I suspect other commenters here are right: the diagnostics tool is just a thumb drive and relies on the OS to execute it, rather than having a secure mechanism,
But then its not like the safe and lock industry have a history of security by obscurity is it.
> they have more control over the updates, and can pick and choose.
More than "complete and total"? WSUS gives central control for all (supported) versions of Windows: server or not.
If you want control run Pro edition and use the tools provided. If you want an easy life leave it on automatic. I would rather have all those potential botnet nodes, sorry, home users, up to date thank you.
> but wanted his company to do an audit.
The bosses had asked him to check things: makes a big difference having permissions even if the local branch staff do not know.
The teams operate all around the world: uploading data from those events rather than snail mailing a memory stick?
I'm assuming this is all part of the process of preparation for LOHAN.
Isn't a proper mission control part of any (near) space mission?
> It has a 5x5 LED display. That's an ideal form of output. Anything more sophisticated and they'll play Minecraft on it instead of doing their ICT homework.
Minecraft could easily /be/ their ICT homework: http://services.minecraftedu.com/wiki/ComputerCraftEdu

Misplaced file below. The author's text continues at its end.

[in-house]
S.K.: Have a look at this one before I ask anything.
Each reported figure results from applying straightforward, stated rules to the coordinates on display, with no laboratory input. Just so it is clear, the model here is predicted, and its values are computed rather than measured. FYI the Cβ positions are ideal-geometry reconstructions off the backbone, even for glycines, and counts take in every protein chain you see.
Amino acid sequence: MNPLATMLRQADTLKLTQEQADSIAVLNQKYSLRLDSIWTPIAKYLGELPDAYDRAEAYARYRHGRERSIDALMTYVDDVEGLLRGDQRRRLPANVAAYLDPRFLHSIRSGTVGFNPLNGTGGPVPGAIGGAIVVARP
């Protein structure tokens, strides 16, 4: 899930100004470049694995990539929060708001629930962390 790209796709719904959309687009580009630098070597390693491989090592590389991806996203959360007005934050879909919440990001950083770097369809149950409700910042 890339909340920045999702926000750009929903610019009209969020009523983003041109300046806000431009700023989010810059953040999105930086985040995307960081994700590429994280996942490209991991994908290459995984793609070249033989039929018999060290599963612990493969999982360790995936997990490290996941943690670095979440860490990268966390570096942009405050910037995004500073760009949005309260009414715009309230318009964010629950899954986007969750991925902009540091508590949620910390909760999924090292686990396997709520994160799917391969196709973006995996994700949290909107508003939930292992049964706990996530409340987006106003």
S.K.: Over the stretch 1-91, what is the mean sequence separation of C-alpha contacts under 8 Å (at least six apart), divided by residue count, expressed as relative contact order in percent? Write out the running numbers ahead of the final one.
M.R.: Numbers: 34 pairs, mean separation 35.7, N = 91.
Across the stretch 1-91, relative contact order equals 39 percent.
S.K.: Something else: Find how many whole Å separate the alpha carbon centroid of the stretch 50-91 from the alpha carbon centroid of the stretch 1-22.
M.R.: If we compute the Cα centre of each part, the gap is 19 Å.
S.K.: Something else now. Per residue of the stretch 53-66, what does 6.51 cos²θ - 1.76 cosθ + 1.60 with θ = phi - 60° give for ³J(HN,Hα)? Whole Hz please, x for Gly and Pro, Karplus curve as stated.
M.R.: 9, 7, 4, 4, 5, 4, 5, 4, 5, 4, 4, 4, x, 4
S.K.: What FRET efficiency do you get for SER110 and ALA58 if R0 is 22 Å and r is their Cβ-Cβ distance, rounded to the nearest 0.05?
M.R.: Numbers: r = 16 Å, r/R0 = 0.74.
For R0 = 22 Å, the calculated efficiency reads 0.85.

> Ground-up restos are spendy, true, but it's still far cheaper than purchasing a new car.
Does that include accounting for your own time at a decent rate?
I doubt it.
> Strustrupp didn't want C++ to C backward compatibility.
He certainly didn't say that in "Design & Evolution of C++" which goes through the early stages of C++'s evolution from C via "C with Classes".
> Why are people still writing ordinary C
Because they are targeting platforms without C++, or in case where it is (at least perceived that) C++ is unsuitable (too much dynamic memory, polymorphism, ...: too hard to predict exactly what happens). Eg. consider code for a low power embedded system running on a PIC controller with memory measured in hundreds of bytes (or less). And then there is inertia.
> Yes the survey is inaccurate
Of course it is. As every such survey (whether COBOL marketing from MicroFocus or a survey of job advertisements to name two that regularly generate headlines) it is massively biased because of its selection of data sources.
> Chrome seems to grab one or two[fixed] 50MB process per tab.
"Seems" is the right term. There is a lot of shared working set across those processes (and others).
Here, one Chrome worker process has a working set of some 55MB, but of that almost 22MB is shared.
Just adding up the working set of processes will always end up double counting memory usage in Windows.
TL;DR: Memory in virtual memory systems is complicated. Almost every measure is not what you think it is.
> "We are learning that chaos may be a common trait of binary systems,"
Someone needs to go back to school. The Three Body Problem has been known as long as gravity: Newton covered it in Principia…
> How the hell are we going to get the consumer market[…]